“Skin in the game”–this was the first time I had heard of this expression. I had to google what it meant. Was it an idea that we are in the game of competing to win, to succeed and overcome? But for me this is a problematic concept I associate with capitalism and colonialism. Maybe my work here is saying that my own skin in the game is that of resistance to that idea. That as a woman I am inseparable from all other women past and future. That the only way women can overcome subjugation and oppression is as an ongoing community or collective. Ariella Azoulay’s idea of cocitizenship is an important one. The idea that we work together as companions to break away from embedded concepts and taxonomies that only serve to break us apart. The dangerous idea of the ‘past’ is that it allows us to think something is over and done and that past acts of violence are now sealed in the past. I wanted to make these postcard women present within our selves now, back in the game?
As human beings I feel that the idea of one individual succeeding has no meaning. We all have to succeed together. And also what is the meaning of success? Or does this expression mean getting involved? Getting stuck in all together to make something good happen for everyone? That we are all in the game together? We are all implicated so we can’t say, ‘I’m not part of this or that’. We have inherited and accepted so many problematic words, ideas, concepts and labels from Imperialism. We no longer even notice them.
For us as women it seems that the word skin is especially resonant. Our skins are always in men’s games I thought. My work resists the idea of a fixed skin. Slippery skins that cannot be grasped or held. Breaking, rippling, fracturing and dissolving the surface of the postcard images, I try to communicate a fluid movement between these women and their capture, and myself and women now and in the future. A tactile material binding us all together. We are all involved in this ‘game’ of living and it can only be better if we all pitch in and take risks to make it better for everyone not just ourselves. There is no past present and future. We are all at risk together. Our challenge is really to reshape the structure of everything and break down categories and labels that pin us into small boxes. I thought of animal skins and hunting and women. Stop hunting us, hunting our skins for your games. The past is ever present in the future. It is never over.
Palimpsests: Presences of Others is an ongoing body of work that is part of a process of exploring my Egyptian/British identity. It involves investigating colonial postcards of so-called Egyptian women and trying to find ways to resist the colonial gaze that captured these women and placed them on postcards in the 1900’s. A palimpsest is defined as ‘something reused or altered but still bearing visible traces of its earlier form.’ The colonial gaze and Orientalist gaze is a layer of distortion hiding the women’s true selves, but yet the strength of their presence still comes through. I overlay the images of the women on the postcards with shadows, projections, distortions, reflections and refractions and use various personal objects relating to my own family history, to create new layers over the top of the women and then I capture these using my camera and a vintage macro lens. The new energies, movements, shadows, and objects intrude and disrupt the colonial male gaze and place my own identity and my own family histories into the frame in an abstract way. I think it is a way for me to both try to resurrect these resilient women from the past whilst challenging the identity boxes and categories that have imprisoned me and other women over generations. To blur the boundaries and edges of what a woman can be. To change the idea that these Middle Eastern women were somehow victims or passive subjects of either colonial or patriarchal gazes imposed on them. The five images I have selected here have been specifically selected from recent work that has not really been seen yet.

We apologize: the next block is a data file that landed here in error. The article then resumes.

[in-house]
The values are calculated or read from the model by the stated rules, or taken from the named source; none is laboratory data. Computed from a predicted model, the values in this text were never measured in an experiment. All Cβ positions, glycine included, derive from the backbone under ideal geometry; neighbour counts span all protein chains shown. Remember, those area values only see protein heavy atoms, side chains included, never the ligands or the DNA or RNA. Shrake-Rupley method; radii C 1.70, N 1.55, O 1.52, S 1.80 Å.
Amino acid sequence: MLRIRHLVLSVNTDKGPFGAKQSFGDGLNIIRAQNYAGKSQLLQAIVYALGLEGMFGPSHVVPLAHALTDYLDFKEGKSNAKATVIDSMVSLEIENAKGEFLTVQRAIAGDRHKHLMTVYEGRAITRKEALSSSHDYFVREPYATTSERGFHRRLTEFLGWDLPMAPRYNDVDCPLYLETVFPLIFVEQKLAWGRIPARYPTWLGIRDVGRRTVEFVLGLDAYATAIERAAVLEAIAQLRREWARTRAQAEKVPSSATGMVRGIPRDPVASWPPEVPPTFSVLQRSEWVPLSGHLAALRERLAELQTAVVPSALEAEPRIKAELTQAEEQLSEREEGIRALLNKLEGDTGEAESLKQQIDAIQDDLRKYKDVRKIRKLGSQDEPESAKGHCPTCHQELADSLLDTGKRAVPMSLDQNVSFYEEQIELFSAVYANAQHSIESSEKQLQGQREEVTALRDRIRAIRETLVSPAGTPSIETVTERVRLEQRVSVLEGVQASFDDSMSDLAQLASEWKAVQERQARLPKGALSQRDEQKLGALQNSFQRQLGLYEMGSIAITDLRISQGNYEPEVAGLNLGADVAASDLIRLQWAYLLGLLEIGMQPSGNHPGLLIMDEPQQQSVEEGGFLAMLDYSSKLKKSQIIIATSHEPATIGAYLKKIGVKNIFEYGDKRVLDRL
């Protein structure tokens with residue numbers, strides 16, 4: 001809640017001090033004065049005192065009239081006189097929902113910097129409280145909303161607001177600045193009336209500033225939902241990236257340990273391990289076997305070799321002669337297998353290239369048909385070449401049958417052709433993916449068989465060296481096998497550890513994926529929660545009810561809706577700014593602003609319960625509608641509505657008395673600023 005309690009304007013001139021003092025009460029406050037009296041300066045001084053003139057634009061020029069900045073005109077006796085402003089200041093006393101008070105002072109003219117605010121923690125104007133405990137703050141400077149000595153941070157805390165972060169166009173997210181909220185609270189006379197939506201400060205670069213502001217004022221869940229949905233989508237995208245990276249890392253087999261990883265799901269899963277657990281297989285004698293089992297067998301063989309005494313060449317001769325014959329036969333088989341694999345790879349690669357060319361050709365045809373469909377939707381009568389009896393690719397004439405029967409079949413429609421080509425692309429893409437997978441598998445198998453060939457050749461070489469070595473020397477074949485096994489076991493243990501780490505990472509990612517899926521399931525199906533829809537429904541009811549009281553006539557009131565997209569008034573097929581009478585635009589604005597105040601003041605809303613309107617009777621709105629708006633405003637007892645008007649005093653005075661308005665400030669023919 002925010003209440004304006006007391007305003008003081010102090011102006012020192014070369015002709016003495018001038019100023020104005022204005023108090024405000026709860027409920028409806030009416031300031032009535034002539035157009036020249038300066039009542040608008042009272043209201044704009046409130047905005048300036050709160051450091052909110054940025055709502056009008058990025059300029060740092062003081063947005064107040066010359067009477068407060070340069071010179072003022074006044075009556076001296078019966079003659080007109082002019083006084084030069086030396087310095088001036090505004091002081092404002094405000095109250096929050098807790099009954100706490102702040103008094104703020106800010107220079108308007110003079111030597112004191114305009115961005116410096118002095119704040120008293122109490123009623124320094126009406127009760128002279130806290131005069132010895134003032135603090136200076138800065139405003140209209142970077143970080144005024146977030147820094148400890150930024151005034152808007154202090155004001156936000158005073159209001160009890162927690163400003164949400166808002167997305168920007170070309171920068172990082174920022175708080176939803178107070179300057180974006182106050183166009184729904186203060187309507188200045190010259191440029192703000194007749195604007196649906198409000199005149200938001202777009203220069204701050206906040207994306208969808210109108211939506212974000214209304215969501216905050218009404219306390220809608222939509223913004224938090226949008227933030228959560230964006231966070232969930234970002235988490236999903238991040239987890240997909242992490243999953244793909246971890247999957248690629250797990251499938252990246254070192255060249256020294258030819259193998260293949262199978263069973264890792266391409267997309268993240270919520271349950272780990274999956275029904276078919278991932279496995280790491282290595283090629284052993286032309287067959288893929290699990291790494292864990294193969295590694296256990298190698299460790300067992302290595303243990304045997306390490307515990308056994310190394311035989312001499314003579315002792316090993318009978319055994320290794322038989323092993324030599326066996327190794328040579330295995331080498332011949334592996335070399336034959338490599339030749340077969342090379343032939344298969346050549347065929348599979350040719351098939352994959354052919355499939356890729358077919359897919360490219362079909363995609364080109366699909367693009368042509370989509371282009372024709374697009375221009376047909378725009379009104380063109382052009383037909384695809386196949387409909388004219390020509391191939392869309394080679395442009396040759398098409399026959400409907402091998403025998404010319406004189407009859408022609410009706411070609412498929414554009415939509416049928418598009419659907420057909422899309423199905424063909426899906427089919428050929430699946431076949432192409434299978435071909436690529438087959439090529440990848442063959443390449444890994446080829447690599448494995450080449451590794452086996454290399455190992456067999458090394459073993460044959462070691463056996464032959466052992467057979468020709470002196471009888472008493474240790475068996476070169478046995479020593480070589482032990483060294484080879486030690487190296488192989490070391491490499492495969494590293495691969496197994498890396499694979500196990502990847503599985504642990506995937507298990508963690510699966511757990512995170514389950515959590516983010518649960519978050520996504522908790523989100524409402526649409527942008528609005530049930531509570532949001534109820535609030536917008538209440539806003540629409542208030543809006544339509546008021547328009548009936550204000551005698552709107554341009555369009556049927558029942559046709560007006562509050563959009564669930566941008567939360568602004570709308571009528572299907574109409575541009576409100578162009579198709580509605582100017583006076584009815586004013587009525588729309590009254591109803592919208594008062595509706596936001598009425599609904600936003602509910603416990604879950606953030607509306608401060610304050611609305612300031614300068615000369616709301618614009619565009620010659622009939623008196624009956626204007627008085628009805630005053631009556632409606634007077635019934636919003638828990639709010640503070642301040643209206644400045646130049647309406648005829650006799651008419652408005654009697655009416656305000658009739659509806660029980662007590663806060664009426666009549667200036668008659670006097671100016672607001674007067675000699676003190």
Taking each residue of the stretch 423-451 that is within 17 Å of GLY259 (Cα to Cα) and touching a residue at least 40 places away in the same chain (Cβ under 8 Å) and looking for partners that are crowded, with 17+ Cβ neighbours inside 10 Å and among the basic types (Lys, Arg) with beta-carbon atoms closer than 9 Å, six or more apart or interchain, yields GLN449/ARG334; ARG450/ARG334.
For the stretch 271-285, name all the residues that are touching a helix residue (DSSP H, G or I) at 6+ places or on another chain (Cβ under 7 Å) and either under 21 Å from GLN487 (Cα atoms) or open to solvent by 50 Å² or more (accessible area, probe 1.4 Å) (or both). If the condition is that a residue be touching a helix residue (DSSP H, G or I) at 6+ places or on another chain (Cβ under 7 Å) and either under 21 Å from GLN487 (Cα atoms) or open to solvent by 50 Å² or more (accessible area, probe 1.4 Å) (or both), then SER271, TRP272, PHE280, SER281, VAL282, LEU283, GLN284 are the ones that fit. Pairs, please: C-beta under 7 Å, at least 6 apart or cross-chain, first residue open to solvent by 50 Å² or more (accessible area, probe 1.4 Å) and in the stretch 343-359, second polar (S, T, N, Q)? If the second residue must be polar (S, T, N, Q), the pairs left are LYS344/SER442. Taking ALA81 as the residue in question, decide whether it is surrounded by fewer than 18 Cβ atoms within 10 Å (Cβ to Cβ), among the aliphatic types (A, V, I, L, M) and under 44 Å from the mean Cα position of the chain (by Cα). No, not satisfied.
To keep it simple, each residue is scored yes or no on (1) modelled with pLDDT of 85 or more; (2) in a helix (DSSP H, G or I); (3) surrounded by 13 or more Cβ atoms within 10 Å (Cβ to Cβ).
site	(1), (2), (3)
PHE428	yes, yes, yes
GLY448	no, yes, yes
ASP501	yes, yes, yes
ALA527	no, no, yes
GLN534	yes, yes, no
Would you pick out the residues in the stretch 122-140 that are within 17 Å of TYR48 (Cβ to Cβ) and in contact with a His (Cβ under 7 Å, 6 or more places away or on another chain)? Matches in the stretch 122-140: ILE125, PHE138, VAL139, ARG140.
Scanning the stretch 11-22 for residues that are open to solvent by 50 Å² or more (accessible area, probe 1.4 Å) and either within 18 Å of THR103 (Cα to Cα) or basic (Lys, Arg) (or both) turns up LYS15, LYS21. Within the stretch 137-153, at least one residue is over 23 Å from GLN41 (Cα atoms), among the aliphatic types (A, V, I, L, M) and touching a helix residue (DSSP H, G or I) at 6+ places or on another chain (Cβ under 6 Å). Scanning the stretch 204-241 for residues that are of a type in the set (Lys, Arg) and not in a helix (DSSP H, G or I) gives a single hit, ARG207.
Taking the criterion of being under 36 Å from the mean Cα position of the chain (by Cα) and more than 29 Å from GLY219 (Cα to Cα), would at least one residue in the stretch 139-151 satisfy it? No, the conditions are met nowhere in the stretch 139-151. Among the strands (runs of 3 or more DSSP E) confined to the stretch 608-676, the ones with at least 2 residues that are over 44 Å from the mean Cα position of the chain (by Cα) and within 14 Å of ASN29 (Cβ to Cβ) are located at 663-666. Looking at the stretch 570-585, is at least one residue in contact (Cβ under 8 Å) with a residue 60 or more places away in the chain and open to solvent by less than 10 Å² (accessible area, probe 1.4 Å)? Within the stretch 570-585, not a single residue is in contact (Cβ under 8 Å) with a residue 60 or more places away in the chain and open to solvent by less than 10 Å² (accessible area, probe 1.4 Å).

Salma Ahmad Caller is an Egyptian/British artist and art historian, who was born in Iraq and grew up in Nigeria and Saudi Arabia. She now lives in the UK. Salma’s art practice involves creating an imagery of the narratives of body that have shaped her own body and identity across profound cultural divides. Her work is strongly visual but also incorporates text and sound works. It is an investigation of the painful and contradictory mythologies surrounding the female body, processes of exoticization, and the legacy of colonialism as a cross-generational transmission of ideas, traumas, bodies and misconceptions. Her art practice is informed by a Masters in Art History and Theory, having studied medicine, and teaching cross-cultural perspectives at Pitt Rivers Museum in Oxford.
For more on Salma’s works, please visit https://www.salmaahmadcaller.com/